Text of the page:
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13.14.2 Open-time Flags

The open-time flags specify options affecting how open will behave. These options are not preserved once the file is open. The exception to this is O_NONBLOCK, which is also an I/O operating mode and so it is saved. See Opening and Closing Files, for how to call open.

There are two sorts of options specified by open-time flags.

Here are the file name translation flags.

Macro: int O_CREAT

If set, the file will be created if it doesn’t already exist.

Macro: int O_EXCL

If both O_CREAT and O_EXCL are set, then open fails if the specified file already exists. This is guaranteed to never clobber an existing file.

Macro: int O_NONBLOCK

This prevents open from blocking for a “long time” to open the file. This is only meaningful for some kinds of files, usually devices such as serial ports; when it is not meaningful, it is harmless and ignored. Often opening a port to a modem blocks until the modem reports carrier detection; if O_NONBLOCK is specified, open will return immediately without a carrier.

Note that the O_NONBLOCK flag is overloaded as both an I/O operating mode and a file name translation flag. This means that specifying O_NONBLOCK in open also sets nonblocking I/O mode; see Operating Modes. To open the file without blocking but do normal I/O that blocks, you must call open with O_NONBLOCK set and then call fcntl to turn the bit off.

Macro: int O_NOCTTY

If the named file is a terminal device, don’t make it the controlling terminal for the process. See Job Control, for information about what it means to be the controlling terminal.

On GNU/Hurd systems and 4.4 BSD, opening a file never makes it the controlling terminal and O_NOCTTY is zero. However, GNU/Linux systems and some other systems use a nonzero value for O_NOCTTY and set the controlling terminal when you open a file that is a terminal device; so to be portable, use O_NOCTTY when it is important to avoid this.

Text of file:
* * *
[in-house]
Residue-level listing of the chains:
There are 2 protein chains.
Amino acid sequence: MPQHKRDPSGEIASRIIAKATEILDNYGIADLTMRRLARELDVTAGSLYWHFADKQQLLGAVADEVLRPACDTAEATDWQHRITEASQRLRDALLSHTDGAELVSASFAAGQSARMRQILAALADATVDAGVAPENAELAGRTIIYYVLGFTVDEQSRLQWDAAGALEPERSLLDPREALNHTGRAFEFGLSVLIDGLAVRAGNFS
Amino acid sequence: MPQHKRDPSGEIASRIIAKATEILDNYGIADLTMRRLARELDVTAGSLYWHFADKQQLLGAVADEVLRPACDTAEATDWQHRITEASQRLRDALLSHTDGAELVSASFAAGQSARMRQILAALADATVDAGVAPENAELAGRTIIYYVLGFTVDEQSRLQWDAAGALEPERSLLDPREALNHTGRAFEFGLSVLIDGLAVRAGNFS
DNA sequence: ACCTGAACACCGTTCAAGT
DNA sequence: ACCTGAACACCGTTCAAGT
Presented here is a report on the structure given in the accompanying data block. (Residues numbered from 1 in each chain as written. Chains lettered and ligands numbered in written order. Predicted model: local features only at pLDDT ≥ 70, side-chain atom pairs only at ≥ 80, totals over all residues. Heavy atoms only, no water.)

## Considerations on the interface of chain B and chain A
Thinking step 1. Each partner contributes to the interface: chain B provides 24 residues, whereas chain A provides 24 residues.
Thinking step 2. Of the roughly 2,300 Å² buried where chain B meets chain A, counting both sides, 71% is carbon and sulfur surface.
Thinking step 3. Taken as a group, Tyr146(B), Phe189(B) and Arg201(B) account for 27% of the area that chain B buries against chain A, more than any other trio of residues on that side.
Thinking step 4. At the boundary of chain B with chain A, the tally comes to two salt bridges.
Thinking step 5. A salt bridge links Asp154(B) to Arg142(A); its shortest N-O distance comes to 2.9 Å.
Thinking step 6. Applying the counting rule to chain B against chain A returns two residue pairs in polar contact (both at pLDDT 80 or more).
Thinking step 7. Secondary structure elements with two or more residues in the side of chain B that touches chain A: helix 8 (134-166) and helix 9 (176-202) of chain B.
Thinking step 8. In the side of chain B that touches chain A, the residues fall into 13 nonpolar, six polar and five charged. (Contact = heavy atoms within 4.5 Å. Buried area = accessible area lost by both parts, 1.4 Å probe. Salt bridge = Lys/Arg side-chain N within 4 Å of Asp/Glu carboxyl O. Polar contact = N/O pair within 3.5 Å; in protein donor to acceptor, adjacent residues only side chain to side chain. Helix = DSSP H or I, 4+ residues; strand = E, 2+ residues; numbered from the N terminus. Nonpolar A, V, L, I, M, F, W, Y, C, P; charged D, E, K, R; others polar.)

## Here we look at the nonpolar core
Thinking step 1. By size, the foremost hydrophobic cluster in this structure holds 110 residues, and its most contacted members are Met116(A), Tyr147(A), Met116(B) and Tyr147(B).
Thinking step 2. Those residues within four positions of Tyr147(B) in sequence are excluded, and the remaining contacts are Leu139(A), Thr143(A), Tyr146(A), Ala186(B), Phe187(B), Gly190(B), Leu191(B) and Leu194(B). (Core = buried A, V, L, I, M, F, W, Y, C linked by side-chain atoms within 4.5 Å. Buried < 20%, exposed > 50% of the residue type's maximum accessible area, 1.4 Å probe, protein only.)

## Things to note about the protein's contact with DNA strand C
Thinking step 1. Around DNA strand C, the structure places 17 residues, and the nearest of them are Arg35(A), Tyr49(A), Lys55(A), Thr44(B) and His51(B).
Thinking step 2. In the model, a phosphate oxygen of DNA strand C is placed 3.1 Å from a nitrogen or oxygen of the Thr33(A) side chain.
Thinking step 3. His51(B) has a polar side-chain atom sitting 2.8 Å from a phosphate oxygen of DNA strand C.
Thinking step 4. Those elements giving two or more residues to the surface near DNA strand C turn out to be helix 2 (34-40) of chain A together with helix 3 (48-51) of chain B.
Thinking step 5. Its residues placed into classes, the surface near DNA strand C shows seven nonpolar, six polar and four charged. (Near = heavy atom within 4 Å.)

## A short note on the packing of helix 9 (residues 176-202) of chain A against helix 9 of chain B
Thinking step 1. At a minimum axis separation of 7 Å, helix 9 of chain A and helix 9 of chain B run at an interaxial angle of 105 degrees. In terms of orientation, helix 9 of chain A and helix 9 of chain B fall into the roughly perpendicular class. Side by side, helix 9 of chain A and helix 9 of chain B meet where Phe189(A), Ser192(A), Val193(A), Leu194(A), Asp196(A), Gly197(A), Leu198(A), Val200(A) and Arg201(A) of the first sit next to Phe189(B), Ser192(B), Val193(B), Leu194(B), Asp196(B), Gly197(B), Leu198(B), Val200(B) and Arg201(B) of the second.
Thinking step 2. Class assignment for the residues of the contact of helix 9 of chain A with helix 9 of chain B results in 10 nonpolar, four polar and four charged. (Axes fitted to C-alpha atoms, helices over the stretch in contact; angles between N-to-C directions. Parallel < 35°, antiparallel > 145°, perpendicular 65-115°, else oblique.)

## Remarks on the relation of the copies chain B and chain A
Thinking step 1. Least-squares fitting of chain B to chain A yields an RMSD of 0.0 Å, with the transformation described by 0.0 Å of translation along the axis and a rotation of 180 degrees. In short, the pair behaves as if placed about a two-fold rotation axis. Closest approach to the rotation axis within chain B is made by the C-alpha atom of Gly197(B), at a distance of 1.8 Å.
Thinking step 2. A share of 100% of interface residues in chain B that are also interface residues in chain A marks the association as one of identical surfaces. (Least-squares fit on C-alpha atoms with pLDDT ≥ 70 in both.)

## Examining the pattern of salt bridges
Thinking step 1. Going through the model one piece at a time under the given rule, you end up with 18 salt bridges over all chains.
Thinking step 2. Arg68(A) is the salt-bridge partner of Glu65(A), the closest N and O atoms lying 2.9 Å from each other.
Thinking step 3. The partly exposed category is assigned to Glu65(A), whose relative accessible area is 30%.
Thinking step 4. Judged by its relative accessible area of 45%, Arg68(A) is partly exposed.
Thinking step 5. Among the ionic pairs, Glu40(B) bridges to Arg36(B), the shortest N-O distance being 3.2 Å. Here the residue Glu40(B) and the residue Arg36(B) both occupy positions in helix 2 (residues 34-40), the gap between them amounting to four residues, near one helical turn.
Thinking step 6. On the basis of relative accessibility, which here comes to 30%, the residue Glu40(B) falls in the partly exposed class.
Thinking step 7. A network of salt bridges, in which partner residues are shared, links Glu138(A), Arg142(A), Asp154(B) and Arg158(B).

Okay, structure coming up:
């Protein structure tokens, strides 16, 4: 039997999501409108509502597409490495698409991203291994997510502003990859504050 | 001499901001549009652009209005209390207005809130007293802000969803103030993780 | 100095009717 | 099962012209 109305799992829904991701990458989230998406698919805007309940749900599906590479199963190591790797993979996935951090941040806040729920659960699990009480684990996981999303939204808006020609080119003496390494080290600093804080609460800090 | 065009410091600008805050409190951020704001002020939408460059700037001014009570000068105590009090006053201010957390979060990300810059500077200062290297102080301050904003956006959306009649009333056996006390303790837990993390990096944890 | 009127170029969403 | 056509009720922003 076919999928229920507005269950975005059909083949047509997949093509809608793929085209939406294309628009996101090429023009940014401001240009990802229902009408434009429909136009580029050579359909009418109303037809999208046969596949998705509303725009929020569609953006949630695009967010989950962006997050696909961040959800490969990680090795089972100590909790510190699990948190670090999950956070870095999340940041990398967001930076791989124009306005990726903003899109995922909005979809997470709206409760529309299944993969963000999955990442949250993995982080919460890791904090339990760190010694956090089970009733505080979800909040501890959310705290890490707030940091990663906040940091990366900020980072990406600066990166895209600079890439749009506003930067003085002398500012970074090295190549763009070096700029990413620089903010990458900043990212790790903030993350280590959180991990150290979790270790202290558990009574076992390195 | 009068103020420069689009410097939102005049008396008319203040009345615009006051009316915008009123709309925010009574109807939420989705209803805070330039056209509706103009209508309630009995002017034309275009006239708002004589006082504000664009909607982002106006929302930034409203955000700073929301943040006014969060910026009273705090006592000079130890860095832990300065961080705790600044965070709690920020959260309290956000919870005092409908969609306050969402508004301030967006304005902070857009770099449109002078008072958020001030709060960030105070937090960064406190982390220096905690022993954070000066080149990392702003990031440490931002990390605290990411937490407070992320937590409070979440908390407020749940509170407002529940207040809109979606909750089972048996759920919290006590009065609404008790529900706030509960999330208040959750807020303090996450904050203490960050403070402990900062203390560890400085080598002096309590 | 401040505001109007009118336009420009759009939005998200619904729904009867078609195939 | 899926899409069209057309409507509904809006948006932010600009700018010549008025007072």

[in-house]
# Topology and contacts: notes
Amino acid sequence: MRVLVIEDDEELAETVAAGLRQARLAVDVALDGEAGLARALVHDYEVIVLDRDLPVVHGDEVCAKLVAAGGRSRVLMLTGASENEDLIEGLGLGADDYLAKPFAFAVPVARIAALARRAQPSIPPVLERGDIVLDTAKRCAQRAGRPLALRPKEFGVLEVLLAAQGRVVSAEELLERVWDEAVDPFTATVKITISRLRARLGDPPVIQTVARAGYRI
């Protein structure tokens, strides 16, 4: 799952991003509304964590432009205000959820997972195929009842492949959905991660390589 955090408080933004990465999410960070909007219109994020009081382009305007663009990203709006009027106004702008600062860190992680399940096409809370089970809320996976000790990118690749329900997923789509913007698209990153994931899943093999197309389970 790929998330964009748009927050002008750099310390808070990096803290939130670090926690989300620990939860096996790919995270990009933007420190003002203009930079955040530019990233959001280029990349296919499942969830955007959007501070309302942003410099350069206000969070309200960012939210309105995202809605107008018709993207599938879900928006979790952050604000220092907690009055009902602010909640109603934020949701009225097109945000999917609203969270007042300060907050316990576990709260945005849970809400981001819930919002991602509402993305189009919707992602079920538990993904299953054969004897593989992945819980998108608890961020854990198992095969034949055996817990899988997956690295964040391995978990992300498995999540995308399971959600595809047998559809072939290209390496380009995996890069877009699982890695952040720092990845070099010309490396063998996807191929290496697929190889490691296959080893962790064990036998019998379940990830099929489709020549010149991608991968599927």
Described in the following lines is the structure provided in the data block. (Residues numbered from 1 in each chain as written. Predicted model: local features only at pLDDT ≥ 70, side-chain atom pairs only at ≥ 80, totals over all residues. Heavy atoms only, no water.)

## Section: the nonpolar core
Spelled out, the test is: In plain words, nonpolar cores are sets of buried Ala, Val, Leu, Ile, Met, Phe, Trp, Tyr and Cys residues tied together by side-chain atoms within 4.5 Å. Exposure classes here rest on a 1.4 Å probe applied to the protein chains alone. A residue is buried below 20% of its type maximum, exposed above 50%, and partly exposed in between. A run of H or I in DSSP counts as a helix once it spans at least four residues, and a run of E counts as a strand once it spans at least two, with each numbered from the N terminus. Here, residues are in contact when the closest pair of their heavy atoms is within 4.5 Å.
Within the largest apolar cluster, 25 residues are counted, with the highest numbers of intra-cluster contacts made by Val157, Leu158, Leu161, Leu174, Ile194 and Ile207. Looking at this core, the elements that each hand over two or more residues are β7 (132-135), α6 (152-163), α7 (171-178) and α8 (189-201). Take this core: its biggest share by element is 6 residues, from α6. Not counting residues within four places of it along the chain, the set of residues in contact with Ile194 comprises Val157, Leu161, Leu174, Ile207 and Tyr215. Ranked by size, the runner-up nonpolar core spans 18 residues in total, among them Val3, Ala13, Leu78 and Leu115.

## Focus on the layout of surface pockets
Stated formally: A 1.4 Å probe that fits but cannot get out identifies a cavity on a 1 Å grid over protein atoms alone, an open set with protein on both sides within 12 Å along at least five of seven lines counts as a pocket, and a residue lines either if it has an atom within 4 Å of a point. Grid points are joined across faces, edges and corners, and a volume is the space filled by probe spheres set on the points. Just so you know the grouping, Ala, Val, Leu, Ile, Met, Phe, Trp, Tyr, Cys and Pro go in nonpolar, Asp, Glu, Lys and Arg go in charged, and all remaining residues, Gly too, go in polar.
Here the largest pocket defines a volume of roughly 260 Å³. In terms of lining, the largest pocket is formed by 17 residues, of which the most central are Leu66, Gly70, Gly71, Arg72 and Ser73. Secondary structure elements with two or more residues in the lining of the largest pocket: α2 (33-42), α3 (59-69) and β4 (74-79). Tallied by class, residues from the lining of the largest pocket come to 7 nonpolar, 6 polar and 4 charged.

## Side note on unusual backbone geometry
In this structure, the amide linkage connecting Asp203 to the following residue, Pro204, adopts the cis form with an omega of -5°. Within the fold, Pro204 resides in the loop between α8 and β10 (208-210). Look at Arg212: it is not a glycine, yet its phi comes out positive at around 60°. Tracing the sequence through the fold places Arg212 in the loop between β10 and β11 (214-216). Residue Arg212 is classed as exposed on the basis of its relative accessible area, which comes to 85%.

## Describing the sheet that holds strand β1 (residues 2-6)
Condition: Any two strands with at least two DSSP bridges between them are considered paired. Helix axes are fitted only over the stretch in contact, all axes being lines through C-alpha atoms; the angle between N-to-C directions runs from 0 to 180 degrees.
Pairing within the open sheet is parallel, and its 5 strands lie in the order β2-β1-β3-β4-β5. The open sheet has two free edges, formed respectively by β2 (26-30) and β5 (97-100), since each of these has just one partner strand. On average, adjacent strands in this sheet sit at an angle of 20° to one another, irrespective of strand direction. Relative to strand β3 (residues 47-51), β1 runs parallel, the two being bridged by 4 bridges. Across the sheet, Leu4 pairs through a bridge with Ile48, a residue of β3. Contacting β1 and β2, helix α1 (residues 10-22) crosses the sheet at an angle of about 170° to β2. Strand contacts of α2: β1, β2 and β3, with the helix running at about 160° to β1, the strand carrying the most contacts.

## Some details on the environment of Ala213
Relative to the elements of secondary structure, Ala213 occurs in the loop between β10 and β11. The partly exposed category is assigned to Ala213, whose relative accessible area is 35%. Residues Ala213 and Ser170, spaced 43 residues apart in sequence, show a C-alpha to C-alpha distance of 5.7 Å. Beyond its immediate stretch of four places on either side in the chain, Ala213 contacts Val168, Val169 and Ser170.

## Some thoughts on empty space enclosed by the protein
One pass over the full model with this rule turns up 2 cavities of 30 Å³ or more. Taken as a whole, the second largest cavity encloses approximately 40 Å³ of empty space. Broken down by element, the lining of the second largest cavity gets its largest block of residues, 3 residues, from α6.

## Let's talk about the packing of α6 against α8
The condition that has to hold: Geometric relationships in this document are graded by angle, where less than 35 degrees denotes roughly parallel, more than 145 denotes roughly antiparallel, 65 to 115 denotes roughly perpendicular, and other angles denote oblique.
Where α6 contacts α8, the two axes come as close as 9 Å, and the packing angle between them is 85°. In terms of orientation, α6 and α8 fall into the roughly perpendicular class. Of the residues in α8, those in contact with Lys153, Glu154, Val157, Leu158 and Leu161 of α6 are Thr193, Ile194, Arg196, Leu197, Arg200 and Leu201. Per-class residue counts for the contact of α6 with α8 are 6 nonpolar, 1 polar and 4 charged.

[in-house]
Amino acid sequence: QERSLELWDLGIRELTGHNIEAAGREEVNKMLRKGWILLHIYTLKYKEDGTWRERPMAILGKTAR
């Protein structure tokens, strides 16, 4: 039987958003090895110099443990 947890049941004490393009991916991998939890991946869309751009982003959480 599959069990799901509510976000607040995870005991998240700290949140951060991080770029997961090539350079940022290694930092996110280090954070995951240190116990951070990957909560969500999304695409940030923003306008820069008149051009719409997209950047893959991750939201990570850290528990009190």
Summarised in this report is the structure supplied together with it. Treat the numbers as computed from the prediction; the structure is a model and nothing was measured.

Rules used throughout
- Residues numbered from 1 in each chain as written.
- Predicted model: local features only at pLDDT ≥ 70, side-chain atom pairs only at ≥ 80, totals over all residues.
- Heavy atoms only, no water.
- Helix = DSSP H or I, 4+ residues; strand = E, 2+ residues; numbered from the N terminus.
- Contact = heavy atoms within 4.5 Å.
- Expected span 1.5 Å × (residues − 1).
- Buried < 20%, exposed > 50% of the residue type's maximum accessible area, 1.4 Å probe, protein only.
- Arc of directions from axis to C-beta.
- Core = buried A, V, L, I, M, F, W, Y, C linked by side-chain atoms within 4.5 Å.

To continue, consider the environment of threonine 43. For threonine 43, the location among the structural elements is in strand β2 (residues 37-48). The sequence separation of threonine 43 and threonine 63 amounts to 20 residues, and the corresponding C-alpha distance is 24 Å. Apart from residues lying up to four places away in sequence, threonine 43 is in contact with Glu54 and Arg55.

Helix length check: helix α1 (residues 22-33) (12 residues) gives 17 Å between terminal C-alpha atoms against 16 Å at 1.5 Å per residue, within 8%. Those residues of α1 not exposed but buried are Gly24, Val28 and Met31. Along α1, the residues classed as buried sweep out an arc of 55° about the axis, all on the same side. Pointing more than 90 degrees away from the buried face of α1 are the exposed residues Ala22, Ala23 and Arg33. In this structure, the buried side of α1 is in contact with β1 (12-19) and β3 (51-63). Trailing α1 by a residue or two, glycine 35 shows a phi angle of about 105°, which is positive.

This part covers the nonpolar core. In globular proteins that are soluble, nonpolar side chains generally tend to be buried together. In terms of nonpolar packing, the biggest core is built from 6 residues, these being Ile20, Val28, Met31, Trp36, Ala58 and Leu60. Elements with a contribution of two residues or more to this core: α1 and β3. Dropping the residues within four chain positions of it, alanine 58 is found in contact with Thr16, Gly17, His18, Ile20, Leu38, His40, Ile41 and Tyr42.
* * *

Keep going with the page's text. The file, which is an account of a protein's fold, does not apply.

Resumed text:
The following three file name translation flags exist only on GNU/Hurd systems.

Macro: int O_IGNORE_CTTY

Do not recognize the named file as the controlling terminal, even if it refers to the process’s existing controlling terminal device. Operations on the new file descriptor will never induce job control signals. See Job Control.

Macro: int O_NOLINK

If the named file is a symbolic link, open the link itself instead of the file it refers to. (fstat on the new file descriptor will return the information returned by lstat on the link’s name.)

Macro: int O_NOTRANS

If the named file is specially translated, do not invoke the translator. Open the bare file the translator itself sees.

The open-time action flags tell open to do additional operations which are not really related to opening the file. The reason to do them as part of open instead of in separate calls is that open can do them atomically.

Macro: int O_TRUNC

Truncate the file to zero length. This option is only useful for regular files, not special files such as directories or FIFOs. POSIX.1 requires that you open the file for writing to use O_TRUNC. In BSD and GNU you must have permission to write the file to truncate it, but you need not open for write access.

This is the only open-time action flag specified by POSIX.1. There is no good reason for truncation to be done by open, instead of by calling ftruncate afterwards. The O_TRUNC flag existed in Unix before ftruncate was invented, and is retained for backward compatibility.

The remaining operating modes are BSD extensions. They exist only on some systems. On other systems, these macros are not defined.

Macro: int O_SHLOCK

Acquire a shared lock on the file, as with flock. See File Locks.

If O_CREAT is specified, the locking is done atomically when creating the file. You are guaranteed that no other process will get the lock on the new file first.

Macro: int O_EXLOCK

Acquire an exclusive lock on the file, as with flock. See File Locks. This is atomic like O_SHLOCK.

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